Our personality and emotions are not pre-determined and pre-programmed as we once thought.  You are not who you perceive yourself to be!  Many of us feel stuck inside a brain that doesn’t work the way we want it to.  What science has discovered is that we control our genes, they don’t control us!

Although your DNA is your basic blueprint, it is triggered by our attitude and environment.  By beginning to embrace and cooperate with life and recognizing how powerful you are, you can start to have a spirit of overcoming, experiencing positive, healthy stress, rather than living as a victim in a state of overwhelm and negative stress.

Stress has become a serious health hazard.  If you don’t get a handle on it quick, stress can take a huge toll on your physical, mental and social well-being.  Let me share with you the simplest way to turn stress into your ally and not your enemy…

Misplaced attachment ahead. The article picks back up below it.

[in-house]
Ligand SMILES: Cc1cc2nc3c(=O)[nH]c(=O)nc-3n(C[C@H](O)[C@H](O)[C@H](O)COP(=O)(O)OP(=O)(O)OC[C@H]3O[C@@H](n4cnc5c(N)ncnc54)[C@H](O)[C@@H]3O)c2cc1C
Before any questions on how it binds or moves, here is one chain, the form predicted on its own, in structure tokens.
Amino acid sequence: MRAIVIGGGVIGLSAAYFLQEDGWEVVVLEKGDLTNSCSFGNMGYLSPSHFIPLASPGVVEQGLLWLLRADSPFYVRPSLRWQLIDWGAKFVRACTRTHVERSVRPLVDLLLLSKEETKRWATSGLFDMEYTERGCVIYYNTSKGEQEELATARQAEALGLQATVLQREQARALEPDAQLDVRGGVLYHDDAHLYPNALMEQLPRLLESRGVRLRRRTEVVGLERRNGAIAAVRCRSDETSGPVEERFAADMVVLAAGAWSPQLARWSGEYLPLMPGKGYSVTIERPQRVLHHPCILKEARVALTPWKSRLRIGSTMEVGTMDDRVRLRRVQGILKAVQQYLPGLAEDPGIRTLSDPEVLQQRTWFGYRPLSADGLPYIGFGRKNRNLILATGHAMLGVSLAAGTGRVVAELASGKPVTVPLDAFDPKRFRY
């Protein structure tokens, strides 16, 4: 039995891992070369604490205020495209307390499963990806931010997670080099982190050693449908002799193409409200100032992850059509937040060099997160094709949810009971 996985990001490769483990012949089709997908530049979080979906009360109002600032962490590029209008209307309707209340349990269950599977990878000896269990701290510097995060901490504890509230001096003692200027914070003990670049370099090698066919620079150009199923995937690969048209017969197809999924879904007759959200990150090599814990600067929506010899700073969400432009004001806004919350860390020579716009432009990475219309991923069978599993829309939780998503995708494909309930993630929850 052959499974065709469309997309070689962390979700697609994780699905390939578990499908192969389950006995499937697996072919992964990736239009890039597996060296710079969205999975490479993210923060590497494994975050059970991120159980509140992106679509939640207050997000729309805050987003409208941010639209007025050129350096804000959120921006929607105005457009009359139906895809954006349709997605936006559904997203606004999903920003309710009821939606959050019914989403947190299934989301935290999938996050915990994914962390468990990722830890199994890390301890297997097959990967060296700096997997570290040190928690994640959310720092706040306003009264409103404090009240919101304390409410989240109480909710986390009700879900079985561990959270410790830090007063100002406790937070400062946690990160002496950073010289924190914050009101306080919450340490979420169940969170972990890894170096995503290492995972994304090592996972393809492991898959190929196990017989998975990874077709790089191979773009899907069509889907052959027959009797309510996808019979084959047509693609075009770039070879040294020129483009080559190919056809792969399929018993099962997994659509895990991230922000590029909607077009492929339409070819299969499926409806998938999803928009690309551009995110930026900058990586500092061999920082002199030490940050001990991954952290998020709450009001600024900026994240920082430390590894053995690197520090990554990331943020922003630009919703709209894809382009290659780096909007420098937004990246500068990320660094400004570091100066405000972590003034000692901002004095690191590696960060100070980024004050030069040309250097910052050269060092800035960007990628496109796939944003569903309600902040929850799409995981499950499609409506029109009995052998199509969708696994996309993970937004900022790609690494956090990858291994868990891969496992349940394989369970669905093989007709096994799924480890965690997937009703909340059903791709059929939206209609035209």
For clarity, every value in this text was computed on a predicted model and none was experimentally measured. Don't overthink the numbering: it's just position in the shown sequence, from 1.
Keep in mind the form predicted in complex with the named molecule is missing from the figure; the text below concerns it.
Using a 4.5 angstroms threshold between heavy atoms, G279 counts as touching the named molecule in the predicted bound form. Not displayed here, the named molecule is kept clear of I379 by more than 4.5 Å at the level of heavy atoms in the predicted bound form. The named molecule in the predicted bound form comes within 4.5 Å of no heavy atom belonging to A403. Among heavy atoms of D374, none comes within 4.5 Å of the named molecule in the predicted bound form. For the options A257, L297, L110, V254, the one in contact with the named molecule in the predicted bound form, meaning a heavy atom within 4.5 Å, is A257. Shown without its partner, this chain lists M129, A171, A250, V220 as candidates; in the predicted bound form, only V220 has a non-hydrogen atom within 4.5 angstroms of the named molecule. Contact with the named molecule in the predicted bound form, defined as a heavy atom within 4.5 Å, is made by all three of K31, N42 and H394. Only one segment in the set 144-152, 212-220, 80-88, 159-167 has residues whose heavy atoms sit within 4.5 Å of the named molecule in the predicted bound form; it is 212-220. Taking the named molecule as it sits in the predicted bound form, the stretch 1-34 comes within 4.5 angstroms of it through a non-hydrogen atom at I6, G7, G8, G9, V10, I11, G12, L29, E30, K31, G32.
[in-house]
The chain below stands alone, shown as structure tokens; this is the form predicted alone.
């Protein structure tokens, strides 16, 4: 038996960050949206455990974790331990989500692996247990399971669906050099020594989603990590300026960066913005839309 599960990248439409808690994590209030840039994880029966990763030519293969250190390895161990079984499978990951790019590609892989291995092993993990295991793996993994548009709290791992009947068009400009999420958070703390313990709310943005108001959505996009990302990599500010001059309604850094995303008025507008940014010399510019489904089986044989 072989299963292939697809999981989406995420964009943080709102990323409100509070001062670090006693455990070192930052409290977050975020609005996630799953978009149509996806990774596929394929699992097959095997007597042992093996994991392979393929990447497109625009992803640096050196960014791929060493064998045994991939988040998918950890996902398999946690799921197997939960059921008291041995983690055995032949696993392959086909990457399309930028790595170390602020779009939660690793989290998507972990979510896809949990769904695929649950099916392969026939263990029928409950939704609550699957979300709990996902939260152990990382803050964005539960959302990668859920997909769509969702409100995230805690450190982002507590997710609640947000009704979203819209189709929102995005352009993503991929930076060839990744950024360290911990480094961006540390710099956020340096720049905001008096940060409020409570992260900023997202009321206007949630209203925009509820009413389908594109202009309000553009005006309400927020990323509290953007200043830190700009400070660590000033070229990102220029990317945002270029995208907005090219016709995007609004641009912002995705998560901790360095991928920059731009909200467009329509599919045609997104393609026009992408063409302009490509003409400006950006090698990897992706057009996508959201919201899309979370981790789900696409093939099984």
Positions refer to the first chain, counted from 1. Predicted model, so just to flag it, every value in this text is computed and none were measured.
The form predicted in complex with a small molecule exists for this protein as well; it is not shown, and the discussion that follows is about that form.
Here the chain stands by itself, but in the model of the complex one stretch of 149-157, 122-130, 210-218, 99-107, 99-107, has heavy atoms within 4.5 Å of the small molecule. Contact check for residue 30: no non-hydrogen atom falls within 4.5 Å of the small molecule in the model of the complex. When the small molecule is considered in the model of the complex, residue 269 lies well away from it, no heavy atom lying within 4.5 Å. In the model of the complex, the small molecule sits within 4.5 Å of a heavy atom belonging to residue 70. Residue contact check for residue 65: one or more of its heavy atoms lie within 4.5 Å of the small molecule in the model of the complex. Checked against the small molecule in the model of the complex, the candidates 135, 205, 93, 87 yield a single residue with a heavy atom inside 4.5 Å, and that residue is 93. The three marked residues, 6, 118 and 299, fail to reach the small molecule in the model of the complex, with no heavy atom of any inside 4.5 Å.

Regular chiropractic adjustments are the quickest and most effective way to reduce stress to your nerve system.  Spinal nerve stress caused by a vertebral subluxation is a dangerous mechanism that damages nerves, weakens health and depletes energy stores.  Many people may walk around with a painless subluxation for years without knowing it.  Doctors of chiropractic are professionals who specialize in correcting vertebral subluxations, the cause of spinal nerve stress, which leads to increased energy, improved health and a rejuvenated body.

Cause and Effect